Comments cost McCorkle his job

ATHENS – Documents released Monday by the University of Georgia cast further light on the sudden resignation of former women's golf coach Todd McCorkle, who was found in violation of the university's Non-Discrimination Anti-Harassment Policy after repeated sexually inappropriate remarks to team members.

Steve Shewmaker, Georgia's executive director of legal affairs, sent a letter to McCorkle on May 4 detailing his transgressions and listing the school's definition of sexual harassment. The letter stated that McCorkle's behavior "had the effect of creating a hostile or offensive environment which interfered with the team members' ability to participate in or benefit from an educational program or activity."

The letter also informed McCorkle that the legal affairs office had recommended he be required to attend discrimination and harassment training and be suspended without pay for the month of July. When athletics director Damon Evans and associate athletic director Craig White met with McCorkle to discuss the findings of the investigation, the coach resigned.

McCorkle, who has declined public comment since his resignation, released a statement through the school Monday.

"In my tenure at Georgia, I have unintentionally made comments that have made some of my players uncomfortable," the statement read. "I want to be clear in saying that this was not my intention or desire. I have learned through this experience that I must be 100 percent professional at all times. I would like to thank the University of Georgia for all the opportunities they have afforded me. Life is full of learning experiences and unfortunately this experience has cost me something that is dear to both me and my family. Although I was not asked to resign, this situation has placed a cloud over the program and I felt like it was in everyone's best interest for me to step down."

In response to an open records request by several media outlets, the university released Shewmaker's letter to McCorkle along with notes from meetings between Shewmaker and his assistant Amanda Bates and McCorkle, current Bulldog golfers and former Bulldog golfers.

Several team members said in those interviews that the players had no respect for their coach and at least one said she was "miserable" on the team, the documents state.

According to Shewmaker's and Bates' notes, McCorkle, among other things, made reference to an inappropriate video circulating on the Internet, showed team members a copy of Victoria's Secret lingerie catalog and asked if a model looked like a person the players knew, bought Maxim and FHM men's magazines on road trips with the team, made disparaging remarks about the female coach at another school, touched at least one team member in a way that made her uncomfortable, including patting her on the butt.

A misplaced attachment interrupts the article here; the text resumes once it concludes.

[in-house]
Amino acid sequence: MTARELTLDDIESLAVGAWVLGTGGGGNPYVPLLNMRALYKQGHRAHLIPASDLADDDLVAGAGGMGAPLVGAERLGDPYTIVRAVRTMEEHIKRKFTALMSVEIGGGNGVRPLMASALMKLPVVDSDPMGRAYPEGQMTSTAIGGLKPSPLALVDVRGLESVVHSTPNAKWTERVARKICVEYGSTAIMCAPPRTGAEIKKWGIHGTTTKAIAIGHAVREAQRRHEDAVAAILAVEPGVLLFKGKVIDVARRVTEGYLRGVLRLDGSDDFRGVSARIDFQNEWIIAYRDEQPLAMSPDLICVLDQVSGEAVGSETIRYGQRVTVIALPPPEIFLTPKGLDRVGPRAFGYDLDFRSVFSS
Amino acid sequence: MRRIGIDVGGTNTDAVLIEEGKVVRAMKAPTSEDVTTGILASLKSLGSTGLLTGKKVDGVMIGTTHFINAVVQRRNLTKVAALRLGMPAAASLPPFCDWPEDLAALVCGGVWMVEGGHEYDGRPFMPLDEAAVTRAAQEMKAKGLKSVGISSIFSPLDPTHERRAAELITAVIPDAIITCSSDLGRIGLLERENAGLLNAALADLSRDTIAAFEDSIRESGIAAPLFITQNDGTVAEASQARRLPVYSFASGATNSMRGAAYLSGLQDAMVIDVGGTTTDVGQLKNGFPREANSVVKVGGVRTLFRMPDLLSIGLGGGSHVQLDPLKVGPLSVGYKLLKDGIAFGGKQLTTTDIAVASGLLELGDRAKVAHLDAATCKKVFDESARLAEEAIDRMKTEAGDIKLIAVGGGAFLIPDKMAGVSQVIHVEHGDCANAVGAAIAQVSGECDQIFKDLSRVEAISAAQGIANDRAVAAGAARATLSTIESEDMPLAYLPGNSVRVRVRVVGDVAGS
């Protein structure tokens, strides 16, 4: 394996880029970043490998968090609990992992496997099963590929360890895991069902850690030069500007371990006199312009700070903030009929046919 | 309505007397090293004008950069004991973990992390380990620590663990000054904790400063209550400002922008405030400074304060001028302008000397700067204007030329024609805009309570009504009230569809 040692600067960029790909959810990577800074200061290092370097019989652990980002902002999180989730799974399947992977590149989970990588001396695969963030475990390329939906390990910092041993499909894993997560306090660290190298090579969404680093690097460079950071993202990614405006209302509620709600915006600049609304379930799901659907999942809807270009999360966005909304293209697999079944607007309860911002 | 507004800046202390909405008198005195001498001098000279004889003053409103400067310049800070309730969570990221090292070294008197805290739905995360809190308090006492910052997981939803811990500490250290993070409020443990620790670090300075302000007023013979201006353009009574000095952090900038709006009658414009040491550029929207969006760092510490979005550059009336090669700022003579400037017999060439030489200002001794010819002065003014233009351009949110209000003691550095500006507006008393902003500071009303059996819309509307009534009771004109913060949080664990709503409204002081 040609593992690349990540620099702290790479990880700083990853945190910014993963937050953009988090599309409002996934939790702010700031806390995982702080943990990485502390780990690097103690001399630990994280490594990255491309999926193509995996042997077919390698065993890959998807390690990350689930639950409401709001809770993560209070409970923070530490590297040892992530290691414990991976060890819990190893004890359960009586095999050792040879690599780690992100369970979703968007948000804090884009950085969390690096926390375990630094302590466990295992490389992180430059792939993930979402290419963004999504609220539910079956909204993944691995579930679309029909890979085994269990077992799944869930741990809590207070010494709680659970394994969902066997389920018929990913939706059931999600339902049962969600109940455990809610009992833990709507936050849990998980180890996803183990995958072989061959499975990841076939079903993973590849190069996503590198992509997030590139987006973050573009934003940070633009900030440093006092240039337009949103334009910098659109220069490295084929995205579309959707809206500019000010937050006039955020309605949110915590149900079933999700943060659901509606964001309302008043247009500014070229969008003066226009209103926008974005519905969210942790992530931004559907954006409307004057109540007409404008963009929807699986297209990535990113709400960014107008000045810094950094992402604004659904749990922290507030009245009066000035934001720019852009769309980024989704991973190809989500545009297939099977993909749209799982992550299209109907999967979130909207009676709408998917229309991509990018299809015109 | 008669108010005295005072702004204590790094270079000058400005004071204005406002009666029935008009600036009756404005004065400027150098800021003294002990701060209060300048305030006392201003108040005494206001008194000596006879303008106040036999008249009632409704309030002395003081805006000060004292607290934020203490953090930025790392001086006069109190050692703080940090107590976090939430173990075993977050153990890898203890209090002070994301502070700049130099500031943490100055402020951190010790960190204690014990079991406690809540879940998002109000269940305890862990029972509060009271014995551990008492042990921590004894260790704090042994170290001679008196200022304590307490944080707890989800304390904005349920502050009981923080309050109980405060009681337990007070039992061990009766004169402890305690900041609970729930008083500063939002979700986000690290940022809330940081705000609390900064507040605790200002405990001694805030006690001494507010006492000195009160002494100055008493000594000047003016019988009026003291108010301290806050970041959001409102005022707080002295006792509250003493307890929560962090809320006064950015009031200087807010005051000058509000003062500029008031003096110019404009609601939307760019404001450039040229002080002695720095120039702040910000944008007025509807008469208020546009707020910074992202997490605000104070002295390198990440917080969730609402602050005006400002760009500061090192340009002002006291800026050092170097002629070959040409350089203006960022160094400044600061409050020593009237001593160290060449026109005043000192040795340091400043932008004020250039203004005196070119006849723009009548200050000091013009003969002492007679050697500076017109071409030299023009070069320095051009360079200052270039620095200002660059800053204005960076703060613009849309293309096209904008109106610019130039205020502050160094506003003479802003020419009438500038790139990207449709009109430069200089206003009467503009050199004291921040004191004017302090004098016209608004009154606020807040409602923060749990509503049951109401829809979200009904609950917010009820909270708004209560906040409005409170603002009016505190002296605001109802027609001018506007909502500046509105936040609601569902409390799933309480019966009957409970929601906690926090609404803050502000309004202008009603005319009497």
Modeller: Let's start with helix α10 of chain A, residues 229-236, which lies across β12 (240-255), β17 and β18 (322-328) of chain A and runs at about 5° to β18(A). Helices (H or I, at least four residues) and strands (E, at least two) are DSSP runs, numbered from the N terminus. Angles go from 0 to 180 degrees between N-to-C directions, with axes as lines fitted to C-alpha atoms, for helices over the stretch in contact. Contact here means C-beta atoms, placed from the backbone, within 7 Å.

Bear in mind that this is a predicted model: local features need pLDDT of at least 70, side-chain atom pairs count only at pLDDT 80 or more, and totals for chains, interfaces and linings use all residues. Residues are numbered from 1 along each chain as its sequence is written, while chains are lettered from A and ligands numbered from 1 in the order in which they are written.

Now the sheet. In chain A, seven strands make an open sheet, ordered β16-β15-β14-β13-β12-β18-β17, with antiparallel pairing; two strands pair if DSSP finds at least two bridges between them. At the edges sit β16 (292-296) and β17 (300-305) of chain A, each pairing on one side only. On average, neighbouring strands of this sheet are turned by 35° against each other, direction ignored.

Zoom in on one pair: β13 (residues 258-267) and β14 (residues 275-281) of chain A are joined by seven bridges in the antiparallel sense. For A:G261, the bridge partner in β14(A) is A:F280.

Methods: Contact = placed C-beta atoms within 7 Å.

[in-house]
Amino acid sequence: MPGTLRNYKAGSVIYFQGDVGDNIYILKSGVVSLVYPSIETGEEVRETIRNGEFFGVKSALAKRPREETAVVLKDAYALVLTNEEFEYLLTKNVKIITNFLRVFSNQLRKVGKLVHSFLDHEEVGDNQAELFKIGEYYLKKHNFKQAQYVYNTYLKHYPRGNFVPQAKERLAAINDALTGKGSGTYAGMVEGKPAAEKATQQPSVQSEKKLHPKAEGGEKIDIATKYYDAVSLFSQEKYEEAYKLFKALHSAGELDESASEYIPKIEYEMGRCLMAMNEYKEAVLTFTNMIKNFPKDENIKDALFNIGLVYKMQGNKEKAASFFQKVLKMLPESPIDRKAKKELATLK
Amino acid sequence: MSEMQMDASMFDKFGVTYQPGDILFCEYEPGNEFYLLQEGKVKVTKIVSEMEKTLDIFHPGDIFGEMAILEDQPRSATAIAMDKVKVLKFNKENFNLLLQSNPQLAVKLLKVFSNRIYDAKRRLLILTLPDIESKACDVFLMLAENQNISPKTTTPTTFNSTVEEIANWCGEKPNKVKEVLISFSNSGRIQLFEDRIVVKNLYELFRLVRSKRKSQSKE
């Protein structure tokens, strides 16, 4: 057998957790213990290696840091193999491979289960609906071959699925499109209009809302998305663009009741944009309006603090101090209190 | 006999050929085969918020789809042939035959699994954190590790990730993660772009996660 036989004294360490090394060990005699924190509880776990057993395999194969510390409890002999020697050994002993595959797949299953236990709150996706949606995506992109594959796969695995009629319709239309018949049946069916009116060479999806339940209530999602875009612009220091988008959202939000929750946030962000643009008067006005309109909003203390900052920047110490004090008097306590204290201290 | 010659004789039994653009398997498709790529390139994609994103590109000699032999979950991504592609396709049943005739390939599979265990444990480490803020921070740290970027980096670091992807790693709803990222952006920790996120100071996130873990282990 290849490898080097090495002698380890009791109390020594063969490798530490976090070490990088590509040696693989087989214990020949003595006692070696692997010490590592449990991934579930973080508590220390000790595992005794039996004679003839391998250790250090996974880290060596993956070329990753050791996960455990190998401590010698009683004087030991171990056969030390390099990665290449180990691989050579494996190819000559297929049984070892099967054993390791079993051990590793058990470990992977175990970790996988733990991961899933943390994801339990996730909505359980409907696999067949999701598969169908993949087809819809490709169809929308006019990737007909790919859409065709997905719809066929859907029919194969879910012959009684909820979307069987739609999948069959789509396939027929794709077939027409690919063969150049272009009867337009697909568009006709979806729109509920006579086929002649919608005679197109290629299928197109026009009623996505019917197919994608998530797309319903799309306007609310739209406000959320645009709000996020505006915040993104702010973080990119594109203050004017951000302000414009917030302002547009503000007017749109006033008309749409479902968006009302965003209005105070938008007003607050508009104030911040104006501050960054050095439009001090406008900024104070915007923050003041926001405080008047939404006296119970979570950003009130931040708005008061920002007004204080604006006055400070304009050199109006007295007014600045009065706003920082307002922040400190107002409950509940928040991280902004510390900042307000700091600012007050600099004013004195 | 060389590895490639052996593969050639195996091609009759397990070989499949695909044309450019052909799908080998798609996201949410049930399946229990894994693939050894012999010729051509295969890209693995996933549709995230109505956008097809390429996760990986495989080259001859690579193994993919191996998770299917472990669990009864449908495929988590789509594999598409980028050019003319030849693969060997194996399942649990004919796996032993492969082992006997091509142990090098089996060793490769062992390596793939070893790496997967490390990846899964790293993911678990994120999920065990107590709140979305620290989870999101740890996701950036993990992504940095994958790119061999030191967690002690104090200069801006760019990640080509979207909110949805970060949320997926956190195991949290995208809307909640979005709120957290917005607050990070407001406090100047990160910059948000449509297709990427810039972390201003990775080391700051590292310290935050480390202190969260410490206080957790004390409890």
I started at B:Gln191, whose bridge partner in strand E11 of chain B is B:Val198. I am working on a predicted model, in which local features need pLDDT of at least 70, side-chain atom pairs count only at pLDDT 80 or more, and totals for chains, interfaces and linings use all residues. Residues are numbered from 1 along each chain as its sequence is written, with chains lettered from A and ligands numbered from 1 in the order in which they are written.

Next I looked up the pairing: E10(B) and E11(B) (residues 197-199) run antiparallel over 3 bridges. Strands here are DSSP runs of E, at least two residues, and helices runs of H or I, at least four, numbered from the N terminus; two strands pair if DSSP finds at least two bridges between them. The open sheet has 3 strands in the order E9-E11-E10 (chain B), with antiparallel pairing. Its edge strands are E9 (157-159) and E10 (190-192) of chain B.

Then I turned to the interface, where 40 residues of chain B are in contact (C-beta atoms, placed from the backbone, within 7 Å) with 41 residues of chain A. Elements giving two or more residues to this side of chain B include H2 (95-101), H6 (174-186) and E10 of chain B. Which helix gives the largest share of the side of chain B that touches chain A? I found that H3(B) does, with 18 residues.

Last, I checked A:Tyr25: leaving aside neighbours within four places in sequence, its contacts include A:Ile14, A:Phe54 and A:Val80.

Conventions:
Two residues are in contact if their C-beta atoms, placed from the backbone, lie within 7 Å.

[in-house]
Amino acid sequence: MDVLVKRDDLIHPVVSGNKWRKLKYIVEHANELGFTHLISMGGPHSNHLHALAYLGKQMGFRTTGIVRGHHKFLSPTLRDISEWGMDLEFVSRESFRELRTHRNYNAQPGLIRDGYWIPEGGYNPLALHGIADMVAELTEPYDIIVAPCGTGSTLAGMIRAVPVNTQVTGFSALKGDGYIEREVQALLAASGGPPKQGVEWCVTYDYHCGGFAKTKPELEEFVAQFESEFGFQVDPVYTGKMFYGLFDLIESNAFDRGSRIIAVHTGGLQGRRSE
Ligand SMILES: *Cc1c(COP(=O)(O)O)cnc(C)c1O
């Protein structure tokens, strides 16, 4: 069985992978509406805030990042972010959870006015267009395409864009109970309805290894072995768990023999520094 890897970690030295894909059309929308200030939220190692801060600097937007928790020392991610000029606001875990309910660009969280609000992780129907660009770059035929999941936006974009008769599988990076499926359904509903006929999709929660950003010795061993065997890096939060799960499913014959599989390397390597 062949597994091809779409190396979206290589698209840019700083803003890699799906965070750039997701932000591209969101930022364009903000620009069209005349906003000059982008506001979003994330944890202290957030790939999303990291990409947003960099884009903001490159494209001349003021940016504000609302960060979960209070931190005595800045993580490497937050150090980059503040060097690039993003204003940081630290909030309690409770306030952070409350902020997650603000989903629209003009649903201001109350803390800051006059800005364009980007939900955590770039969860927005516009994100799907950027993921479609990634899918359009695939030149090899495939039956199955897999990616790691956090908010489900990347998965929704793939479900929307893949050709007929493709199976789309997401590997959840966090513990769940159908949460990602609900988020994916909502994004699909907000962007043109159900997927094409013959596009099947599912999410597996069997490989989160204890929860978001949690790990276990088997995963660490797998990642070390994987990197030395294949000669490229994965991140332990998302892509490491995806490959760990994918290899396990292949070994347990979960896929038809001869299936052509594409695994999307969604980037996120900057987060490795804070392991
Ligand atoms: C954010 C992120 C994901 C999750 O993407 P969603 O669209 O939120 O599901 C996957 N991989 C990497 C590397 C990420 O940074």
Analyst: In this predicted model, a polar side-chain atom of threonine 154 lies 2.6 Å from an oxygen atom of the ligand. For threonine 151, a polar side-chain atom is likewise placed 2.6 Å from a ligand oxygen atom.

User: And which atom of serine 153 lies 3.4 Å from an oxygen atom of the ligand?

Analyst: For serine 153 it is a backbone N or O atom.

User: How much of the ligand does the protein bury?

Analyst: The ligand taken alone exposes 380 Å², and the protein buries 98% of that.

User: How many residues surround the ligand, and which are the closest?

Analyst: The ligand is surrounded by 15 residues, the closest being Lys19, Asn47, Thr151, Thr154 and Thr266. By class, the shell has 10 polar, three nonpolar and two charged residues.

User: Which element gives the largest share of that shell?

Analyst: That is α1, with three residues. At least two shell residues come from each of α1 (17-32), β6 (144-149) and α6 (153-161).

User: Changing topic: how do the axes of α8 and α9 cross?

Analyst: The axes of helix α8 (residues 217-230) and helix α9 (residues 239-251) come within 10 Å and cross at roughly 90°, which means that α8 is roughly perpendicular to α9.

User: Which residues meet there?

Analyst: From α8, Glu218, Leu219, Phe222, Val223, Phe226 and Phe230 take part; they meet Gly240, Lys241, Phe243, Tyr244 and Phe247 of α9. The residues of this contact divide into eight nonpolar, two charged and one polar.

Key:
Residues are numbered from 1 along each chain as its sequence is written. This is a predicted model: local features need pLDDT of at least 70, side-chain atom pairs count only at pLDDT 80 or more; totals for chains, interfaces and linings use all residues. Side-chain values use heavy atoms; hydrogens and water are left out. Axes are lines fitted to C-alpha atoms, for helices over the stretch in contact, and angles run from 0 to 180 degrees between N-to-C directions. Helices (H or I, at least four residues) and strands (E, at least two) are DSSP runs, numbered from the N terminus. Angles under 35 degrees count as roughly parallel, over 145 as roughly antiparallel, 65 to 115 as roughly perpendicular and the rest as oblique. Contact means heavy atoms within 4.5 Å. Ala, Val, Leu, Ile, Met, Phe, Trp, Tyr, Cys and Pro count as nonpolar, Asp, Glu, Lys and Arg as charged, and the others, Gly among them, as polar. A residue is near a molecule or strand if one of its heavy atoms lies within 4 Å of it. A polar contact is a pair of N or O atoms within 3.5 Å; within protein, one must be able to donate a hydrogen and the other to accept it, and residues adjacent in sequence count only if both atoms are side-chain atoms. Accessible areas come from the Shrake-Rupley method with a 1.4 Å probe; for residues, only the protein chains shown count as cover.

McCorkle told one team member she looked "sexy" and repeatedly told inappropriate sexual jokes, according to the documents.

One team member told UGA investigators that the fact that McCorkle is married to Jenna Daniels, who played for him at the University of Arizona, gave his words and actions a more ominous feel.

Shewmaker declined to comment on his notes but said that his office sent McCorkle the May 4 letter within 14 days of receiving its first complaint.

The father of one team member met with McCorkle in April to demand the behavior stop, according to the documents.

Team members also complained about McCorkle's coaching style, claiming he derided them in front of other teams, often used profanity in his criticisms and spoke poorly of them to the coach of another team, according to the documents.

In his interview with UGA investigators, McCorkle admitted referring to a team member as sexy but denied making other comments, including one particularly profane joke alleged by one team member in an interview with UGA investigators.

McCorkle also said he felt some of his comments were "overblown" and said some of his golfers were "not team players," according to the documents released by UGA. He also claimed to have eliminated his joke telling.

At the time of his resignation, McCorkle was just weeks removed from being named SEC coach of the year for the second time in his seven years at Georgia. He led the Bulldogs to their only national title, in 2001. McCorkle will remain at Georgia in an unspecified role, according to a release by the athletic department last week.

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